I am deeply indebted to them, and I’m extremely proud to follow in their footsteps and to carry on their extraordinary legacy. I stand on the shoulders of heroines who never sought public acclaim but served as inspirations to the generations that came after them.
I also want express a special thank-you and welcome to Eliza and Zoe, who have joined us today. The notes from these two young ladies, ages six and seven, sent to me sat on my desk these last two months and motivated me daily. In their own words and pictures, they expressed their excitement about the opportunity my nomination represented. And to Eliza and Zoe, I would simply say, we did it. (Applause.)
Lastly, allow me just a moment to talk about the future of this agency. A little over a year ago, Secretary Pompeo first spoke to me about becoming the Deputy Director. At that time, he said, “CIA is the world’s preeminent intelligence service, and I want to make sure we position it to stay that way.” Mike was right; we are the best. And our challenge is to always be the best.
We cannot rest on our laurels. We must learn from the past, but we cannot dwell in the past. We must constantly learn, adjust, improve, and strive to be better. We demanded of ourselves, and America deserves nothing less.
That includes boosting our foreign language proficiency, strengthening our partnerships overseas and here at home, and deploying more of our officers to the foreign field. We are a foreign intelligence service, and our workforce and our priorities need to reflect that.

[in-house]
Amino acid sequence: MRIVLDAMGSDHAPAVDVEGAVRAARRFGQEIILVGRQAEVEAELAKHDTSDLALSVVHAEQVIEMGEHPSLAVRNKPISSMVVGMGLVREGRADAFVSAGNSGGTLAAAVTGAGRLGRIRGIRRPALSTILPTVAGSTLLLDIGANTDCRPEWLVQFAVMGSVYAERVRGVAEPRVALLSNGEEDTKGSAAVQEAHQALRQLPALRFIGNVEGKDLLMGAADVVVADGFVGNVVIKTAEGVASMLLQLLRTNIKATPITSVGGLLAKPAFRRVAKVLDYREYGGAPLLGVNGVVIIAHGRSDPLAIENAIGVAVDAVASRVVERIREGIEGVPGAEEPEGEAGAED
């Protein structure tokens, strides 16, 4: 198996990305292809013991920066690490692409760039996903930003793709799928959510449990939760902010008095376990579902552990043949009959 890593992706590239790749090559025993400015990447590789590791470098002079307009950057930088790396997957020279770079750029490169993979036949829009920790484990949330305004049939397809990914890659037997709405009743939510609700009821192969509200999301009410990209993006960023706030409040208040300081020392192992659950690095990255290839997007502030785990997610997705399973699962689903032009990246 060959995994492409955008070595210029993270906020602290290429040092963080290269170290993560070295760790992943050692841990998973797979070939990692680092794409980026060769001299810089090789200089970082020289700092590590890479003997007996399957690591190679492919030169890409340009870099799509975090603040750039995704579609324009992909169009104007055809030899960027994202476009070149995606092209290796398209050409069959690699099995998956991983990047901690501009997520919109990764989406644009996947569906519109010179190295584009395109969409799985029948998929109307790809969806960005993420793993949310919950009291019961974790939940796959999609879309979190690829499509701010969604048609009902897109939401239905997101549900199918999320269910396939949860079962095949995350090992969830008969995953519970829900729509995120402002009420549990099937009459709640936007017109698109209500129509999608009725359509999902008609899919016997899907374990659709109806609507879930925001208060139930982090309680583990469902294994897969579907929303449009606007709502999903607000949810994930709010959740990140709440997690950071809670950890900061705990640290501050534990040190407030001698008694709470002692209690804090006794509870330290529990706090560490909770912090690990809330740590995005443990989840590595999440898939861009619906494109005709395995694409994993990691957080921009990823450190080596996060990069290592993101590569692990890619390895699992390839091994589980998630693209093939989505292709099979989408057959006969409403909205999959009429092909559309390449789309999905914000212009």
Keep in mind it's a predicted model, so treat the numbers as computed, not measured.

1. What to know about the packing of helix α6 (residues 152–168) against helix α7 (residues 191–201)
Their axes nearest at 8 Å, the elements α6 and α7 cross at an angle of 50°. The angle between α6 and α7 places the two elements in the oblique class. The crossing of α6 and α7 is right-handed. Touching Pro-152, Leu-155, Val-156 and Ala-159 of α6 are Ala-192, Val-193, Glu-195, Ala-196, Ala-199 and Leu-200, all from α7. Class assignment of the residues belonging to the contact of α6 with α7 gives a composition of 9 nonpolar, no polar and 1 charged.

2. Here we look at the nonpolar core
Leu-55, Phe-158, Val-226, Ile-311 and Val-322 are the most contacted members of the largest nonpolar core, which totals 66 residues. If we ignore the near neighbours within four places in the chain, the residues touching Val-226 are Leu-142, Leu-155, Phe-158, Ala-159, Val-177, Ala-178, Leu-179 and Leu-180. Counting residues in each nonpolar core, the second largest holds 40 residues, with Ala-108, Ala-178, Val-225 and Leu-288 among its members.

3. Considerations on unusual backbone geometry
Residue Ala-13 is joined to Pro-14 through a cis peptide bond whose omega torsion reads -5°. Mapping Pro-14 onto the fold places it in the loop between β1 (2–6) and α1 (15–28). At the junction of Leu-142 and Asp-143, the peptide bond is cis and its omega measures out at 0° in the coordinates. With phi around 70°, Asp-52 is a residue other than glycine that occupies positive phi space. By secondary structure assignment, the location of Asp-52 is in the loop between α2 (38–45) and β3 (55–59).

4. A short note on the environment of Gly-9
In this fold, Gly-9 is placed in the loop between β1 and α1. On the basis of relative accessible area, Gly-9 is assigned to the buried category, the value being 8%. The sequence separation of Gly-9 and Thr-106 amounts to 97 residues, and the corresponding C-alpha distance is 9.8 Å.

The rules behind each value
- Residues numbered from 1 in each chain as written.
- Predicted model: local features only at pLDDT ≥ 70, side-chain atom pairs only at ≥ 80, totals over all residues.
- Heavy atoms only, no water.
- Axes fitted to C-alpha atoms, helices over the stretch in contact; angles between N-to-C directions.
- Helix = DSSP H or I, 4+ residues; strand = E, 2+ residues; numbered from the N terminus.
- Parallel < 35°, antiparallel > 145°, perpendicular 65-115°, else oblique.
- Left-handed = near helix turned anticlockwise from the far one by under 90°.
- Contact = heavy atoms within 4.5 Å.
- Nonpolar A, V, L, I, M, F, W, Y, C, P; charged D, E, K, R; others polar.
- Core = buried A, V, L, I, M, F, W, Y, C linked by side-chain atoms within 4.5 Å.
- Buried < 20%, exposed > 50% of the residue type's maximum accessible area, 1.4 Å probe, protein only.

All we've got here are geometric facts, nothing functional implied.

We also need greater focus and effort on the strategic threats our nation faces, as well as the persistent threat from global terrorism. As always, the key to our success against these challenges will be empowering the incredible talent that resides within CIA.
The men and women who serve here are a national treasure — from the operations officers who collect our intelligence, to the analysts who contextualize and evaluate it for senior policy makers, to the support officers who enable every aspect of our mission, to the scientists, engineers, and cyber specialists who give us a decisive edge over our adversaries.
The only way to confront these threats is to forge ahead with determination and with the same expeditionary spirit that has defined our agency since its founding more than 70 years ago. I am profoundly honored to lead you in that fight and to work alongside each one of you as we advance our vital mission.
So, Mr. President, thank you again for giving me the opportunity to serve, to represent the men and women of CIA, and to carry out the critical work of helping protect our country, our people, and our way of life. Thank you very much. (Applause.)